Comments: EHRC statements on cinema advertisement ban

What nonsense from people who should know better.

Cinema chains are private businesses, to which free speech protections don't apply. Churches have no more right to dictate what theaters show than theaters have the right to dictate the content of sermons. (Though it'd likely be an improvement if they did!)

Posted by James Byron at Sunday, 13 December 2015 at 9:42pm GMT

I think the ECHR have really lost the plot here. I think they are now saying that cinemas and others are obliged to take anything and cannot give thought as to whether people will be offended or not on grounds of freedom of expression. OK. Can we now start counting down from 10 until all manner of stuff now has to be beamed onto cinema goers in the name of being offended to prove we have freedom of speech - Satanists, atheists, pro and anti abortion and all manner of unusual religious groups will surely avail themselves of their right to offend others with private entities having no recourse. Yes there is the right to offend on occasions but surely not a duty to do so.

Posted by Craig Nelson at Sunday, 13 December 2015 at 11:45pm GMT

@ James Byron. Agreed. Freedom of speech is not honored when governments, or bureaucrats, or established religion can tell a media outlet what they must carry. The church is a bit of party crasher on this one, no? Can't get a crowd at evensong, so let's muscle in on the Star Wars crowd and harangue them.

Posted by Rod Gillis at Monday, 14 December 2015 at 1:17am GMT

If government is about to determine what adverts cinema chains must accept, let's abandon all pretense and let government dictate which movies may be shown as well.

Posted by Jeremy at Monday, 14 December 2015 at 5:34am GMT

"Cinema chains are private businesses, to which free speech protections don't apply"

Not sure why being a private business has much to do with whether the law applies to you or not. It didn't work as a defence for the 'gay cake' bakery.

And there are much better reasons (as this thread already shows) for cinemas not to allow religious advertising. I think it's good for free speech for the 'someone might be offended' excuse for banning religious content to be given a decent burial.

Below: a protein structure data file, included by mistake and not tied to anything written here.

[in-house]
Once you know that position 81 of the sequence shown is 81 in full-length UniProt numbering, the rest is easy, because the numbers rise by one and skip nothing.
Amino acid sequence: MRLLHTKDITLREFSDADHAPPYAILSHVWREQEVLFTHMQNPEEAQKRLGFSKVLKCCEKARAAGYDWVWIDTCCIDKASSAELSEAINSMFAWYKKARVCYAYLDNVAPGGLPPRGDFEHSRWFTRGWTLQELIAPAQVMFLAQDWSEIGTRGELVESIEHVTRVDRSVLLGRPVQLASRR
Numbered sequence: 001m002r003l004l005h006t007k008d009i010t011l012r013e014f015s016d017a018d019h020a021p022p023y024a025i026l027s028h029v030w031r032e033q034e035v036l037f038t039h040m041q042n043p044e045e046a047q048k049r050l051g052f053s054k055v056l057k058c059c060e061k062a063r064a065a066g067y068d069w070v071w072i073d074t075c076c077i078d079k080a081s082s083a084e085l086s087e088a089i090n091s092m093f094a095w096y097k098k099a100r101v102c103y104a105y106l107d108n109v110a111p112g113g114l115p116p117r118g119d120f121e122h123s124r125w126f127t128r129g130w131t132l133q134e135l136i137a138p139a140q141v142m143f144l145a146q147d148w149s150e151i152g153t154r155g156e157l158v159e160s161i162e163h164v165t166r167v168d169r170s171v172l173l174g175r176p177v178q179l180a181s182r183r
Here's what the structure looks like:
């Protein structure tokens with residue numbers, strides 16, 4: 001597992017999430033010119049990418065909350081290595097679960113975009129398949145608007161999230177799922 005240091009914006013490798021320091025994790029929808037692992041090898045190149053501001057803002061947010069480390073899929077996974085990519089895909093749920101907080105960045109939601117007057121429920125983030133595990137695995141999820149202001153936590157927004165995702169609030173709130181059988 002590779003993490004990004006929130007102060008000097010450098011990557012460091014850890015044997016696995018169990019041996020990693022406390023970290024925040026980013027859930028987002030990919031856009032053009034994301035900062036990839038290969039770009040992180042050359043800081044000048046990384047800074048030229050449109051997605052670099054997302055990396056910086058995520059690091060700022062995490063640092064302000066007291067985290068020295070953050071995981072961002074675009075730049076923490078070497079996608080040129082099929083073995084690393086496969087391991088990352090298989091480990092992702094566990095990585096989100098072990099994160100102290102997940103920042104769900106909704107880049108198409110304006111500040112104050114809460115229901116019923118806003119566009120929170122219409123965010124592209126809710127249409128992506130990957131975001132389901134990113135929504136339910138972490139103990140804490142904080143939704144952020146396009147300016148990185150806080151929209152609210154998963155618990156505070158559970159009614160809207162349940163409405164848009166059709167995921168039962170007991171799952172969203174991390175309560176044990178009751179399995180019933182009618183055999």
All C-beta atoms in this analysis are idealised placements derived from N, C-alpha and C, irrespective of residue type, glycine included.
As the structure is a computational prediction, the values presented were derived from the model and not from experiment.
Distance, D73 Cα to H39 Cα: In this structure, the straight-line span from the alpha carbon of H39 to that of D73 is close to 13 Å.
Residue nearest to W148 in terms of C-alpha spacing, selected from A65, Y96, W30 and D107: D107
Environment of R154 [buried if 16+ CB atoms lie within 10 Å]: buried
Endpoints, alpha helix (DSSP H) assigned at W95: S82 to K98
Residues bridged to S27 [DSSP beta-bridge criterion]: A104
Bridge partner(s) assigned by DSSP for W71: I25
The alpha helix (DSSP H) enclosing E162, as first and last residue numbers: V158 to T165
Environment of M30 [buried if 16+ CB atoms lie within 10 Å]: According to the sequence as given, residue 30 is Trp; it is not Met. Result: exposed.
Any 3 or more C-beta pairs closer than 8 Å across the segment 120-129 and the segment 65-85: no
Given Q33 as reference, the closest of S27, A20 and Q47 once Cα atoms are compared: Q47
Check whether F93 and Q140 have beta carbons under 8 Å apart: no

Posted by David Keen at Monday, 14 December 2015 at 10:15am GMT

In total agreement with James Byron. This is a nonsense. A private business can show what the hell it wants in its own chain of cinemas, to please and satisfy its customers as it sees fit.

The equivalent would be to insist that Satanists should be allowed to have a slot in church services to promote their beliefs, 'because they have a right to offend'.

Not that I am having a go at Satanists.

Posted by Susannah Clark at Monday, 14 December 2015 at 10:31am GMT

James Byron does not seem to realise that the cinemas first accepted the Lord's Prayer video and even offered to show it at a discount. Their censorship was an afterthought.

It will be interesting to see what advertisements will now be run alongside Star Wars, and what values they promote.

Posted by John Barton at Monday, 14 December 2015 at 11:48am GMT

David: free speech protections in particular don't apply to theaters, since free speech is protection from government coercion, and no business, not even Trump Tower, has its own dungeon.

John, if the cinema chains caused the Chruch of England to lose money by making then withdrawing an offer, the church may be able to sue for breach of contract, or something similar. Free speech is simply irrelevant.

Posted by James Byron at Monday, 14 December 2015 at 2:50pm GMT

"There is no right not to be offended in the UK"

There is in the advert reel shown before a U, PG or 12A film, because small children are legally entitled to be there and the adverts must be compatible with the certificate of the main feature. For 12A films then usually the front matter is certificated at U. It's unusual for adverts and trailers to be certificated at PG or 12A, because those (in theory at least) rely on parents reading the certification material; you don't get that choice before being shown adverts or trailers. So any advert of trailer shown prior to a film certificated at 12A (as The Force Awakens is) will itself be at U. It's hardly difficult to make the argument that in a multi-cultural society, running adverts for religion X to children being raised in religion Y could cause offence, and in a way which parents have no way to deal with (as you aren't told in advance which adverts there will be).

Posted by Interested Observer at Monday, 14 December 2015 at 3:19pm GMT

Yes. Please, whine and get offended. That'll show 'em how the Christian faith is different and able to weather insults.

I mean, really! In the face of something this egregious, this horribly anti-Christian, what are persecutions in the Middle East, or even beheading, crucifixion, or being burned to death on a metal grid? You had your advertisement pulled! And in the Christmas season, clearly indicating how Christianity has been allowed no place at all in the public forum!

Posted by MarkBrunson at Tuesday, 15 December 2015 at 7:48am GMT
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